Going on with optimised feet: Evidence for the interaction between segmental and metrical structure in phonological encoding from a case of primary progressive aphasia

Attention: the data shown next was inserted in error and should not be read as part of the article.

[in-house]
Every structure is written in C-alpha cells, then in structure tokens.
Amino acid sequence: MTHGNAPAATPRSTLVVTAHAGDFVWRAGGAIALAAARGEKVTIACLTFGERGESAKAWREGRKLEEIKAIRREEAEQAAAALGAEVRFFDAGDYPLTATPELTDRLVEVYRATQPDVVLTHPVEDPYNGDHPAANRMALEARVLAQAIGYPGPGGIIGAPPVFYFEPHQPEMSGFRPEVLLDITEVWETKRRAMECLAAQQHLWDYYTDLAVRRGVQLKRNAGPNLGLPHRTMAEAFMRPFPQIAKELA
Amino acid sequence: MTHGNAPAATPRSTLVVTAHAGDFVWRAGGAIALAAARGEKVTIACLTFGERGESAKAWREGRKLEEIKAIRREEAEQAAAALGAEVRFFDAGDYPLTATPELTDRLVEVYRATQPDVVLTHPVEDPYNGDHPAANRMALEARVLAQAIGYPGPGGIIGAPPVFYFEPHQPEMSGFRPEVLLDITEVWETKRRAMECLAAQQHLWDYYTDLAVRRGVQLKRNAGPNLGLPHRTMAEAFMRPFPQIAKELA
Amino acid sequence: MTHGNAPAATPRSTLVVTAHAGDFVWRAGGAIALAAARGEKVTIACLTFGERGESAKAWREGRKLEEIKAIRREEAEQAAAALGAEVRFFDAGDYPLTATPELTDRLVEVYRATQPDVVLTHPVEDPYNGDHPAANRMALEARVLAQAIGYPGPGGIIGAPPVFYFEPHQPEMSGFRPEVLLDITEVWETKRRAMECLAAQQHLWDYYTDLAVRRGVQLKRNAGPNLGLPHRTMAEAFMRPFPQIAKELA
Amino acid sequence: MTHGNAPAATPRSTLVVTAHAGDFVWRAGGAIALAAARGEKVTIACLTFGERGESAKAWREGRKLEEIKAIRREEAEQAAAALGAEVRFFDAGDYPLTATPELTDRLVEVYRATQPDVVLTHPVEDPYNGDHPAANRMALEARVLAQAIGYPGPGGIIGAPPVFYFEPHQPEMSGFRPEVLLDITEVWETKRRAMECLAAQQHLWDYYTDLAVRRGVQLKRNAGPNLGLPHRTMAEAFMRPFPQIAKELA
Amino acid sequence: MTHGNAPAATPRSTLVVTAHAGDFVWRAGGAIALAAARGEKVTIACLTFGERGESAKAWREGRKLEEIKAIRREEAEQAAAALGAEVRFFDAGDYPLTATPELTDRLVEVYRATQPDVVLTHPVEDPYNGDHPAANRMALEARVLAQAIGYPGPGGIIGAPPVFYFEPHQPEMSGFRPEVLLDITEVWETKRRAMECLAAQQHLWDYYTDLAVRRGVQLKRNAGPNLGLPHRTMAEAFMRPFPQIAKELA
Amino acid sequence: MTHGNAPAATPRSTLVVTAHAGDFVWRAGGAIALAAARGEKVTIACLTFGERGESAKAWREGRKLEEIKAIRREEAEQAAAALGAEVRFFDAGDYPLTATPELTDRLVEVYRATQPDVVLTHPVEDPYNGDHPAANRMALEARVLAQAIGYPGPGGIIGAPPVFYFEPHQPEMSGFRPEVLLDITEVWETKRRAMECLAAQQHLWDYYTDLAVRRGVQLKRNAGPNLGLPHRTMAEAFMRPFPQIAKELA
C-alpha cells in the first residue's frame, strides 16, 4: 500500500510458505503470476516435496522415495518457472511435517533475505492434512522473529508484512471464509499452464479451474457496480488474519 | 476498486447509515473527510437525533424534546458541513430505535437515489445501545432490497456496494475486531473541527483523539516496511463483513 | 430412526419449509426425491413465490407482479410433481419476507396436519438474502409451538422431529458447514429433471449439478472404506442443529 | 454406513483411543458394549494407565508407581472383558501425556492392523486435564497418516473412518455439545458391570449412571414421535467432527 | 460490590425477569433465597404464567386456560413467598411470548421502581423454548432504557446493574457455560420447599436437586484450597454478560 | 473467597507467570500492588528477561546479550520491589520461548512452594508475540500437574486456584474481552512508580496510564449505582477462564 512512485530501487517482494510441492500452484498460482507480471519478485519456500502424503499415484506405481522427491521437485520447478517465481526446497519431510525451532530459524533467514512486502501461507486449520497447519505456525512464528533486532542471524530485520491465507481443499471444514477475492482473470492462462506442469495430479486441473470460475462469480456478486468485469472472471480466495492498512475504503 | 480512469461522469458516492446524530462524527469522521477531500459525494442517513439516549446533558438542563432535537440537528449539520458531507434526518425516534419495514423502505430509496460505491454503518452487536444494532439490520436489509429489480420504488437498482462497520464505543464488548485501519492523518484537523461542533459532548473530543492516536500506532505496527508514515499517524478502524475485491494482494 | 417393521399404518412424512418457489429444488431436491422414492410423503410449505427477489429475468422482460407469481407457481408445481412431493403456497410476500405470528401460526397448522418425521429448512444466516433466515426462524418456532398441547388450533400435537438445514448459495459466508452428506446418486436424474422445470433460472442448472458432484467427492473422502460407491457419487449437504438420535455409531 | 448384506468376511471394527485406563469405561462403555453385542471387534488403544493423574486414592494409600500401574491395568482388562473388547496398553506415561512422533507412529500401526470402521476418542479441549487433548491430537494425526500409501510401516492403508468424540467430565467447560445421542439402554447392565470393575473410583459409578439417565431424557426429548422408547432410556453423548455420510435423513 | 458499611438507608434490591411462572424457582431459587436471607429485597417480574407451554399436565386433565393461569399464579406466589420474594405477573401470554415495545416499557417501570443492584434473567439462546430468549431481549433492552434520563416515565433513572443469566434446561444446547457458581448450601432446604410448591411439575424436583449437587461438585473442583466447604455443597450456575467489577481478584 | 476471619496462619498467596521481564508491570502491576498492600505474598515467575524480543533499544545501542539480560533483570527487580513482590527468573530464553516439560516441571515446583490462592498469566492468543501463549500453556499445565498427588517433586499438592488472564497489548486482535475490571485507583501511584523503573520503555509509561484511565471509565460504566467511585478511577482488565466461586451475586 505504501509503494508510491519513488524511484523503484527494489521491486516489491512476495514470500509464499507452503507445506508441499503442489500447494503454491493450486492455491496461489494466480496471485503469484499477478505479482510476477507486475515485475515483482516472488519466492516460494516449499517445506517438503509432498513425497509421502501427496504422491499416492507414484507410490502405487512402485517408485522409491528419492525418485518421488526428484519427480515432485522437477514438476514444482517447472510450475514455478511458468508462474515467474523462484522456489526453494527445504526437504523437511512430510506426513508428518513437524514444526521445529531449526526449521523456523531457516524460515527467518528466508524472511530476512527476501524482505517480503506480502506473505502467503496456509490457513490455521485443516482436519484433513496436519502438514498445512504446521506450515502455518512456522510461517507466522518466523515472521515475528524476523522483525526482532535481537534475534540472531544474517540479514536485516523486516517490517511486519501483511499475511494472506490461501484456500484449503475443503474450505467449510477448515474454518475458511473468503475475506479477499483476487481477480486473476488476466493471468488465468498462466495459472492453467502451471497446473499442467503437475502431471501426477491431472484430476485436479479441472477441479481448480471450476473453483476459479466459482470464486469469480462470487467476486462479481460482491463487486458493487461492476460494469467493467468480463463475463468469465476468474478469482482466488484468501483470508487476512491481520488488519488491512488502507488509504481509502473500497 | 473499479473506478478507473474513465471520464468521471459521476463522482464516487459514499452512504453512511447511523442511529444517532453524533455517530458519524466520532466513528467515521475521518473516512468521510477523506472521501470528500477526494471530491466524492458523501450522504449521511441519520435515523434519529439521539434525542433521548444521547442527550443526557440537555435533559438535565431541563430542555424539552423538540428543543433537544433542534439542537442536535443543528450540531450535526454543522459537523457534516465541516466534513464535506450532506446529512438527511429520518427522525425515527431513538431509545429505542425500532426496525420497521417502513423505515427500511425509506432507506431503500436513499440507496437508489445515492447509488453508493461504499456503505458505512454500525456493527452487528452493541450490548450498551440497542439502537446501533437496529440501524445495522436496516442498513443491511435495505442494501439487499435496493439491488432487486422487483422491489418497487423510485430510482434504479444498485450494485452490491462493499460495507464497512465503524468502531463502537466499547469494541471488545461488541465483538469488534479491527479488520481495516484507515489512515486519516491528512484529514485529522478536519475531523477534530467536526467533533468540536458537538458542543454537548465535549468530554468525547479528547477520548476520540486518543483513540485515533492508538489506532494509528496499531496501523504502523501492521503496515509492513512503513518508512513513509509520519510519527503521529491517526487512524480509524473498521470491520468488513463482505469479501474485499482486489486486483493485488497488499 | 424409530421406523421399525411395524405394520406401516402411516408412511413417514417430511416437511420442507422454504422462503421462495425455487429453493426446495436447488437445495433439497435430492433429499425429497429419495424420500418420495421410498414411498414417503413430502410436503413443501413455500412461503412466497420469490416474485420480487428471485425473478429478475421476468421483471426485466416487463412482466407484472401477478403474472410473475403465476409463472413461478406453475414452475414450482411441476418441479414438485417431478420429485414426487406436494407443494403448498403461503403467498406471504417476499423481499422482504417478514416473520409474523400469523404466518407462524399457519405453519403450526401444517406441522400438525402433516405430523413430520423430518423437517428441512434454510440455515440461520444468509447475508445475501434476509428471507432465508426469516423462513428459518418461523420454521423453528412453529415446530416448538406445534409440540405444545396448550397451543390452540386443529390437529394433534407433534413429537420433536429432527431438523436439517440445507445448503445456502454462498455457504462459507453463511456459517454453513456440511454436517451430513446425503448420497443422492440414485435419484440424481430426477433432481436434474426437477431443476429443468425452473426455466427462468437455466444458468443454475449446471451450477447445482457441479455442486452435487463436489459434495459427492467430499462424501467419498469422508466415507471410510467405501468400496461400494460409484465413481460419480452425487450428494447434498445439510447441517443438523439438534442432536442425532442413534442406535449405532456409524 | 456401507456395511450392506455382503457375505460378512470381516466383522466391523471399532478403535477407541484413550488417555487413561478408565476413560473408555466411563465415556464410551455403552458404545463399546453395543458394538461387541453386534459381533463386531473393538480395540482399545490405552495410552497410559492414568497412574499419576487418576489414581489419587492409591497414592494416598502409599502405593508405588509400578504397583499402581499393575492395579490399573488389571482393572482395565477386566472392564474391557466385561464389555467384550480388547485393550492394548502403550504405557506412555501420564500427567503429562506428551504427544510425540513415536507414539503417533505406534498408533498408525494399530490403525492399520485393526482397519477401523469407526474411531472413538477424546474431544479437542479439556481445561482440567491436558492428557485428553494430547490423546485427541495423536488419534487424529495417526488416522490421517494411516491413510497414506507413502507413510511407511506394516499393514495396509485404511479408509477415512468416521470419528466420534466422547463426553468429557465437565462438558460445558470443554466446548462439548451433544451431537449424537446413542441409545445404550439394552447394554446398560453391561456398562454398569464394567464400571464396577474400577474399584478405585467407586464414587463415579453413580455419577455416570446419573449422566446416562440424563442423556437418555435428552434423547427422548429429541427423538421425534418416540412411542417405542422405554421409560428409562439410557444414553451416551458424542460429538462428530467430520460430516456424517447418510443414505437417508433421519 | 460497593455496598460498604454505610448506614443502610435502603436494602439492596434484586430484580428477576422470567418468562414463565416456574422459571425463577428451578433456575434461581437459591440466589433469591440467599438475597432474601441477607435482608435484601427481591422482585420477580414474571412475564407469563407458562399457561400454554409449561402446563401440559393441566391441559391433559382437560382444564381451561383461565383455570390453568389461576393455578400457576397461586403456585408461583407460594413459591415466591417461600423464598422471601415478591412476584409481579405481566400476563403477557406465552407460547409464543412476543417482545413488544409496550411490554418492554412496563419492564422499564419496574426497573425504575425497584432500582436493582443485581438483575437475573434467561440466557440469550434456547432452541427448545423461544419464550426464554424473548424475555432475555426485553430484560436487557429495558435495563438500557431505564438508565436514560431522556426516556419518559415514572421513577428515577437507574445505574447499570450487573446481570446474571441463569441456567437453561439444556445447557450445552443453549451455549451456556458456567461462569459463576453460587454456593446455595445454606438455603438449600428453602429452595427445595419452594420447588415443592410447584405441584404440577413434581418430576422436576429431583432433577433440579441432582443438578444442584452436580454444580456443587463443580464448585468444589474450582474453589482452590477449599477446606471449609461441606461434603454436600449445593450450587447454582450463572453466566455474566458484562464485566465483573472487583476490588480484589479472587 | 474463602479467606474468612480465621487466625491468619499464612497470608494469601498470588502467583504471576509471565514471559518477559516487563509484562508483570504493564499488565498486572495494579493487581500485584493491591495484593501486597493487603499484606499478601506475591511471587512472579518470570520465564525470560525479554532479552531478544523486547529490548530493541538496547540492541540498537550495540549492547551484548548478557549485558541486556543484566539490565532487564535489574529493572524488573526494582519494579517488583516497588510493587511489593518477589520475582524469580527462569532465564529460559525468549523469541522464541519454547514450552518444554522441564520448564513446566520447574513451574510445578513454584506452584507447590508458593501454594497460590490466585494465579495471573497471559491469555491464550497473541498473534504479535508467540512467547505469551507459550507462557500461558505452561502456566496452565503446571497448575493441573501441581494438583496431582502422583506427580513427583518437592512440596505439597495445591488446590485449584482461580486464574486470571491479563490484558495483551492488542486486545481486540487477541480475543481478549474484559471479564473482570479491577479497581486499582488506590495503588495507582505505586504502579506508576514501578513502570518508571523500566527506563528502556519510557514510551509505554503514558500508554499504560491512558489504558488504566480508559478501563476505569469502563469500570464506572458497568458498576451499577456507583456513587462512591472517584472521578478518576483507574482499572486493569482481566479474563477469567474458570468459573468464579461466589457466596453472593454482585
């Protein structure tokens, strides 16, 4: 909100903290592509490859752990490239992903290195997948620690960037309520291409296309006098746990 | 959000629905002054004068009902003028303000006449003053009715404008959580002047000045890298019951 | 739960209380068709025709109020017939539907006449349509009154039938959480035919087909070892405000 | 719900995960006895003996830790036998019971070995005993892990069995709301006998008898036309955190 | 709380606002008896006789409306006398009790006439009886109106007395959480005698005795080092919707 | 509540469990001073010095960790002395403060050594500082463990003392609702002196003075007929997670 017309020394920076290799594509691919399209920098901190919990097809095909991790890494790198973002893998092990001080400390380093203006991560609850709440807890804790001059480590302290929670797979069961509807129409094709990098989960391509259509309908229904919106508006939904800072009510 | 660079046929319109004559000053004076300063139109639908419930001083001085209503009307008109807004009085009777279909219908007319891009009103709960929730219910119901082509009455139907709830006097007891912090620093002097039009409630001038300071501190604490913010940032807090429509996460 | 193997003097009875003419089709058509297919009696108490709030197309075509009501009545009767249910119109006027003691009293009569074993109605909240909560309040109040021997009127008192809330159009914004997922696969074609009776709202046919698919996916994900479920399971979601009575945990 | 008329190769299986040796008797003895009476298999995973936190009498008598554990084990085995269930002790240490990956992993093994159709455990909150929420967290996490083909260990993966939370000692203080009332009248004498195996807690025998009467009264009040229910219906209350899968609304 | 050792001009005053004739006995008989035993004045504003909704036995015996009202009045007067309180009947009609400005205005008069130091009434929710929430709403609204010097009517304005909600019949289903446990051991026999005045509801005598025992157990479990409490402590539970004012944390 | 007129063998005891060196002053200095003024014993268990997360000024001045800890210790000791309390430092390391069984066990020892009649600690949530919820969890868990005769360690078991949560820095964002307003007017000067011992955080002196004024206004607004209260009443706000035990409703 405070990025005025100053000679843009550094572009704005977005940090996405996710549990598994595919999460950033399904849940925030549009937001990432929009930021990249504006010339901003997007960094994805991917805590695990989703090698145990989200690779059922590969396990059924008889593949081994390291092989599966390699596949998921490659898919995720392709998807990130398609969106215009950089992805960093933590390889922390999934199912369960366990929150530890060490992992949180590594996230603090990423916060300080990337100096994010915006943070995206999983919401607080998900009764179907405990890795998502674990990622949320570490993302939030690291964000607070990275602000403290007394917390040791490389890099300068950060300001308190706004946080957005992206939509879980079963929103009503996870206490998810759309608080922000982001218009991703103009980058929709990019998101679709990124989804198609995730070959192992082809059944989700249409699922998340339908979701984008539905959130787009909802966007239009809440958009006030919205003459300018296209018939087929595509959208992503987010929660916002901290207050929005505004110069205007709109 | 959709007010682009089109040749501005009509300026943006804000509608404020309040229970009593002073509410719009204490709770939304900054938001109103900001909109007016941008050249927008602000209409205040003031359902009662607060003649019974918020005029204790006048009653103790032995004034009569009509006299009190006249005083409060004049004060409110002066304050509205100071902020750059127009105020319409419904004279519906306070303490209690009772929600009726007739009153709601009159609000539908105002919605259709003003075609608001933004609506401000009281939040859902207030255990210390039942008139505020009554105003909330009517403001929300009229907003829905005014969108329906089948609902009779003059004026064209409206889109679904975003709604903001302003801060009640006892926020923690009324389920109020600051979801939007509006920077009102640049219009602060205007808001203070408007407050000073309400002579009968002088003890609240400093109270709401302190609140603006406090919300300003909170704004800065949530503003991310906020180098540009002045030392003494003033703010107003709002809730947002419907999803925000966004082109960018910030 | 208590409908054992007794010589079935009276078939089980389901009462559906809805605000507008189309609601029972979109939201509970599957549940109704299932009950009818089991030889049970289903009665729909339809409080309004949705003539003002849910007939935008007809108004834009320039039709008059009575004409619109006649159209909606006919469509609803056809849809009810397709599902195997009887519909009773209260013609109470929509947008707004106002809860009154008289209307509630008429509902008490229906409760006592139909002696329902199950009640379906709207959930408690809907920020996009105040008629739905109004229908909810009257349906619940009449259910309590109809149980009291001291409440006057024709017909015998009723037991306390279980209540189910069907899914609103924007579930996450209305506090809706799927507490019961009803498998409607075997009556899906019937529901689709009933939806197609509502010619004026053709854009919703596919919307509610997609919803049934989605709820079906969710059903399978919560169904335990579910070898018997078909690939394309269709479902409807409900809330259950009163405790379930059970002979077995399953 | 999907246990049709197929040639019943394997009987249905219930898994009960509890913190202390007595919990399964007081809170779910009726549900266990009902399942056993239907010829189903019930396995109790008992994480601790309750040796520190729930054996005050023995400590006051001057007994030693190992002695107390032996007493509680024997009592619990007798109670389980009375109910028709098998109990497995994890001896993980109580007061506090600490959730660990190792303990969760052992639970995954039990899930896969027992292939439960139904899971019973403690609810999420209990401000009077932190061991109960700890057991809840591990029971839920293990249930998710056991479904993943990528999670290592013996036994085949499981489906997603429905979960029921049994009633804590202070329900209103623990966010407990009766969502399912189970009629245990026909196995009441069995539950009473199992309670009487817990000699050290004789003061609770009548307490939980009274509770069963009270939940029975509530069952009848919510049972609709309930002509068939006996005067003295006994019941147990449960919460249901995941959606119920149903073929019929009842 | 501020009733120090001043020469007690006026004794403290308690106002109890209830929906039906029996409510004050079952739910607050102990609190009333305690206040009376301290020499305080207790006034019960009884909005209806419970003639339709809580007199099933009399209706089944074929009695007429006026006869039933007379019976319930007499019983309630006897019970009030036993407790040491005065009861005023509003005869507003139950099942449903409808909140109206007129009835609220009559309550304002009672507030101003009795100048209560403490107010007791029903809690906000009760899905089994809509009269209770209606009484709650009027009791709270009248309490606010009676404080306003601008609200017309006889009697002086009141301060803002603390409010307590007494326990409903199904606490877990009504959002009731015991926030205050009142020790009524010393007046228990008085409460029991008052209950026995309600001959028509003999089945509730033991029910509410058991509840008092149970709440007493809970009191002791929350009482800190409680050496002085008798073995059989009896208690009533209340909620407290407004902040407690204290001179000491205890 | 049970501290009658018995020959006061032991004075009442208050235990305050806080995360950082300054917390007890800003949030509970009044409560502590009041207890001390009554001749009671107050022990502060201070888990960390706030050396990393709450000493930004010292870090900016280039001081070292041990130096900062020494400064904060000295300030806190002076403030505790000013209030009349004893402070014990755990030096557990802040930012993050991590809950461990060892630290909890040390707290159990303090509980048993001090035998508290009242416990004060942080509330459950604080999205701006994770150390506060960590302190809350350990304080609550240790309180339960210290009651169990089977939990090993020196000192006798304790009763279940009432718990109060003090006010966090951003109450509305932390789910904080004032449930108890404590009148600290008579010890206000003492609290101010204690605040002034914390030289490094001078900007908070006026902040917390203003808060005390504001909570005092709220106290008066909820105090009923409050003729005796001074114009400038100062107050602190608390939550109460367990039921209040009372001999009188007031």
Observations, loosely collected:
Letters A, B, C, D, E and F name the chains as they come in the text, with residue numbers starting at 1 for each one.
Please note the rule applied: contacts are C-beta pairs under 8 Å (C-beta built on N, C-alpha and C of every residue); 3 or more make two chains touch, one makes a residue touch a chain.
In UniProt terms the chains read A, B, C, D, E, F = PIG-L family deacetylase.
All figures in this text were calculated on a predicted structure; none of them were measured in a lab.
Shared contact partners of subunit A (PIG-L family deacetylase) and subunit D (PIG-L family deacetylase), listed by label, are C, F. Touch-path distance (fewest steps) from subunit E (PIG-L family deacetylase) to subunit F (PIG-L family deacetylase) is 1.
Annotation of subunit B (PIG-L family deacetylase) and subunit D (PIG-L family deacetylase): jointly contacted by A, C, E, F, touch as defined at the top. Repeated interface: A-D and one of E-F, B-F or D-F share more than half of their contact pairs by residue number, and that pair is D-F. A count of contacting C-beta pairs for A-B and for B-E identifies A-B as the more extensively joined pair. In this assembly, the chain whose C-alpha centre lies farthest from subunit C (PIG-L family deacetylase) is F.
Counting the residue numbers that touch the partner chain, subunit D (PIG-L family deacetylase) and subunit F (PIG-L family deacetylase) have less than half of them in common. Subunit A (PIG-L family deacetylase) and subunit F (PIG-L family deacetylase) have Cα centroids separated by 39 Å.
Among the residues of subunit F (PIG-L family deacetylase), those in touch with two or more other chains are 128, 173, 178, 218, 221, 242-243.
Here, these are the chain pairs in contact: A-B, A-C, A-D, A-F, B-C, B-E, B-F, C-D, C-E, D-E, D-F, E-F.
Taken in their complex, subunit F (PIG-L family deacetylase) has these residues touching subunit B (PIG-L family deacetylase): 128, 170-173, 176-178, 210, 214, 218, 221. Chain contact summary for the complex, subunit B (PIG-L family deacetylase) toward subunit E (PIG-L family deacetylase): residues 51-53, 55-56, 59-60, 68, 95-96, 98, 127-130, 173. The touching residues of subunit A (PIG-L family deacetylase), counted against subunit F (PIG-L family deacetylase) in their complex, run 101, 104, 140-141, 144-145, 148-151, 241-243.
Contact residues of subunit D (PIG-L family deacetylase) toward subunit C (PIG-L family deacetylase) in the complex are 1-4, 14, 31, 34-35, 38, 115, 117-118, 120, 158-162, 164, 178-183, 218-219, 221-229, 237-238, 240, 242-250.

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Background: Our knowledge about the interaction between segmental and metrical levels of representation in word production is still largely underspecified. In particular, there is only sparse evidence of how syllables are hierarchically organised into higher-level prosodic structures such as prosodic feet and words. Furthermore, the question whether stress assignment in German is sensitive to syllable weight is unresolved so far. While quantity-insensitive accounts state that stress is predominantly assigned to a default position (i.e., to the penultimate syllable) and other stress patterns are exceptional, quantity-sensitive accounts assume that stress assignment is determined by the weight of the final two syllables. Aims: Impaired lexical retrieval may lead to regularisations of stress assignment. Such an error pattern will be examined to gain insights into the interrelation between different tiers of prosodic representations (e.g., syllable, foot, prosodic word). Methods & Procedures: A reading and a repetition task were conducted with German-speaking patient HT, suffering from primary progressive aphasia, which especially affected her retrieval of lexical information. The material consisted of polysyllabic words with varying stress patterns and syllable structures. Outcomes & Results: In reading, HT produced hardly any segmental errors, but a substantial amount of stress errors. Importantly, the patient not only over-generalised the default penultimate stress as would have been predicted by quantity-insensitive approaches. Instead, she over-applied different stress patterns depending on the weight of the last two syllables. In repetition, HT's output can be characterised as phonological jargon. Crucially, however, she hardly produced any stress errors. Rather, thorough analyses revealed that segmental deviations in her output led to optimised prosodic structures. For instance, insertions of rhyme segments could be observed mainly in strong syllables, i.e., syllables bearing main or secondary stress, whereas deletions occurred predominantly in weak, unstressed syllables. Conclusions: The present data provide evidence for specific forms of interaction between segmental and metrical knowledge: On the one hand, segmental information influenced the patient's stress assignment errors in reading. On the other hand, prosodic information modified segmental errors even in severe jargon observed in repetition. With respect to the prosodic system of German, the observed error patterns show that the structure of the final syllable determines how syllables of a word are parsed into prosodic feet and, accordingly, which syllable has to be prominent. Thus, our results support quantity-sensitive approaches of stress assignment.